When I first mentioned it some folks were surprised, nervous, and some even probably annoyed. I could see people thinking, "What the hell? Why do we need to do this? My race will last hours. How is one mile going to help?"
I realize the summers are hot and racing is slowing down in general. Summer is a great time traditionally to build up an aerobic base to prep for fall and winter races. I find that workouts are still doable this time of year, but you are not going to get the same results necessarily that you will in the fall or during the cooler seasons. So this was our first timed mile. It would give everyone a baseline. It also gives runners some incentive and motivation and accountability.
I tried to give some guidance and direction based off my experience as a miler for most of my life. "Get out fast the first 200, and settle in through 800. You should be doubting your ability to finish by halfway through. Work the 3rd lap, because the last lap is all you got after that! You might feel like your legs are full of lead your last 200 meters." Wise words I know. Most everyone laughed. In my experience though, ultra races have many similarities to racing the mile. The same challenges and thoughts arise. They are less intense in an ultra, but last for longer periods of time.
After an extended warm up and drills + strides we're good to go. I turn on some tunes specifically "Loser" by Beck and Cake's "Going the distance" for motivation.
I line everyone up and off they go! This was exciting. I wanted to be out there pacing each person individually, but I can't and this is each person's own race. Some had developed little packs and some were spaced out on their own. I cheered on everyone to the finish. It was awesome seeing the group supporting each other and cheering and pushing themselves along. It was also cool to see everyone dig deep for a little bit.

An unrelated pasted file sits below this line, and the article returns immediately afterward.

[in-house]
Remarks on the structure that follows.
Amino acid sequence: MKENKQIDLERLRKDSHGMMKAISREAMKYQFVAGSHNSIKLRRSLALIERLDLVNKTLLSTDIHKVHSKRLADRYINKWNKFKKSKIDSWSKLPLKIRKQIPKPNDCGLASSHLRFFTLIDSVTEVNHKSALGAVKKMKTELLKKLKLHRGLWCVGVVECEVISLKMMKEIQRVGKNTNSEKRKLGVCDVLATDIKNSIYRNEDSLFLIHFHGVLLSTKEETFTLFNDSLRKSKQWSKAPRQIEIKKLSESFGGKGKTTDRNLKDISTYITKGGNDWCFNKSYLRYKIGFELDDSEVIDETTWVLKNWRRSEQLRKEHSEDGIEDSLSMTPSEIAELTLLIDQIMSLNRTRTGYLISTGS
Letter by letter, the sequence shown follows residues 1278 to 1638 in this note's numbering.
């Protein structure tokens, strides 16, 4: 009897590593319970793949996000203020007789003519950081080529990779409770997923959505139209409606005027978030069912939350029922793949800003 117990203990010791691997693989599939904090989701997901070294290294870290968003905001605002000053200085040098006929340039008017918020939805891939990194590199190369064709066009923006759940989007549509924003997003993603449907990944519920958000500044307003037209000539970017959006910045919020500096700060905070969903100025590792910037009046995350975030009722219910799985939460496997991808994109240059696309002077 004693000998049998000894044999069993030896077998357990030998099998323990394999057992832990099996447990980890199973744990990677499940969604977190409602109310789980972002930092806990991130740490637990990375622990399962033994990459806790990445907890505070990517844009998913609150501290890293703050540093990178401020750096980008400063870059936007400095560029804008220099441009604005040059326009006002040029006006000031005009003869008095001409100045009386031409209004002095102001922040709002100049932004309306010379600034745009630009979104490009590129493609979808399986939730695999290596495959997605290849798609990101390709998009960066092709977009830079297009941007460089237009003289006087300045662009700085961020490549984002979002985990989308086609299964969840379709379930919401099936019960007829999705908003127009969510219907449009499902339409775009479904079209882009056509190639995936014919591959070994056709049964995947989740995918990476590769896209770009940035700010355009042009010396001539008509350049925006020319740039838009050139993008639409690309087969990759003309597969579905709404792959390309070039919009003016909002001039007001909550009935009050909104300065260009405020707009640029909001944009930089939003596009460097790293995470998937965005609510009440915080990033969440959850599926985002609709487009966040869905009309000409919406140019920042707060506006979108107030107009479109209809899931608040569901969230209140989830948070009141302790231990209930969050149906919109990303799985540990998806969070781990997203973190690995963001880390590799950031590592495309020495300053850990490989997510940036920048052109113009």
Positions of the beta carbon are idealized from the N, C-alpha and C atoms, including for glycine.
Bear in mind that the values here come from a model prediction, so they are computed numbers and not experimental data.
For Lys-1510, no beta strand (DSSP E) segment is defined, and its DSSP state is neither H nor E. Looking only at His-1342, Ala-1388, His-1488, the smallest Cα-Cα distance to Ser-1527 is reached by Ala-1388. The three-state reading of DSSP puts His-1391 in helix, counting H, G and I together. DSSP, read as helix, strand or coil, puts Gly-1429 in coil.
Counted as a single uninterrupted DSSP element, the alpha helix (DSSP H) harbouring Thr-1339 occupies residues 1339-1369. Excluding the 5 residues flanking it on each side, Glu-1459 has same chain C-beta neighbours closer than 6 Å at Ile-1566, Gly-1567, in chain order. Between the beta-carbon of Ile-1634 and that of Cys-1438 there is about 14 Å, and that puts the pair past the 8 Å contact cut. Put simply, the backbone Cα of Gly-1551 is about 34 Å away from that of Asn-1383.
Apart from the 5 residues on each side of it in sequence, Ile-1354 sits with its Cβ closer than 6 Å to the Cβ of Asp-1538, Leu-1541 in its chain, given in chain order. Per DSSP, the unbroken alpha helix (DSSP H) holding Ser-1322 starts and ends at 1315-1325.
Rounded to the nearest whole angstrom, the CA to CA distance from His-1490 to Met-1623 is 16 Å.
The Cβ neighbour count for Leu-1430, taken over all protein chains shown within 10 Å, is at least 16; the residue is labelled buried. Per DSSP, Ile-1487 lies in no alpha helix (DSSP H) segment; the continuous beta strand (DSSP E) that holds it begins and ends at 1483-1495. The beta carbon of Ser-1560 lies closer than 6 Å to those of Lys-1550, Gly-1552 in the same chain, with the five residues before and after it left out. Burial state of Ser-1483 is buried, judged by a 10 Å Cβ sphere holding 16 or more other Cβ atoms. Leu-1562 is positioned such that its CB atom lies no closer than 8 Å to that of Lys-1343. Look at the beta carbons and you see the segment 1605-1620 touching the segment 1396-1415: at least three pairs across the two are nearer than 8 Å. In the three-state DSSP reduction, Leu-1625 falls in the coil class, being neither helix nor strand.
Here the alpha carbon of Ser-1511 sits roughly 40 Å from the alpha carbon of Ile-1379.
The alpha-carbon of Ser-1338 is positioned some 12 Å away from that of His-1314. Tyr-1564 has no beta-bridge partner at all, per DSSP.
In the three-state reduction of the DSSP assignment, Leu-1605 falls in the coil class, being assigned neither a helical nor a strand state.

Just about everyone was surprised by their time. We did have cooler than normal temperatures, but still, it is summer in Texas.
No, we are not going to turn this into a mile training club. We will likely do a few each year. However, to be a strong and healthy runner, I believe you need to be versatile. Running the same routine, trail, pace, everyday can lead you to become stagnate physically and mentally. Changing up your perspective can lead to developing new strengths and becoming more well rounded. Of course I find ways to parallel running into life!
Continue to find new challenges and don't be afraid to do something different. Our running culture is shifting so much towards longer and longer races, and that's cool, but don't forget about the short intense stuff. It can be exhilarating and just as rewarding.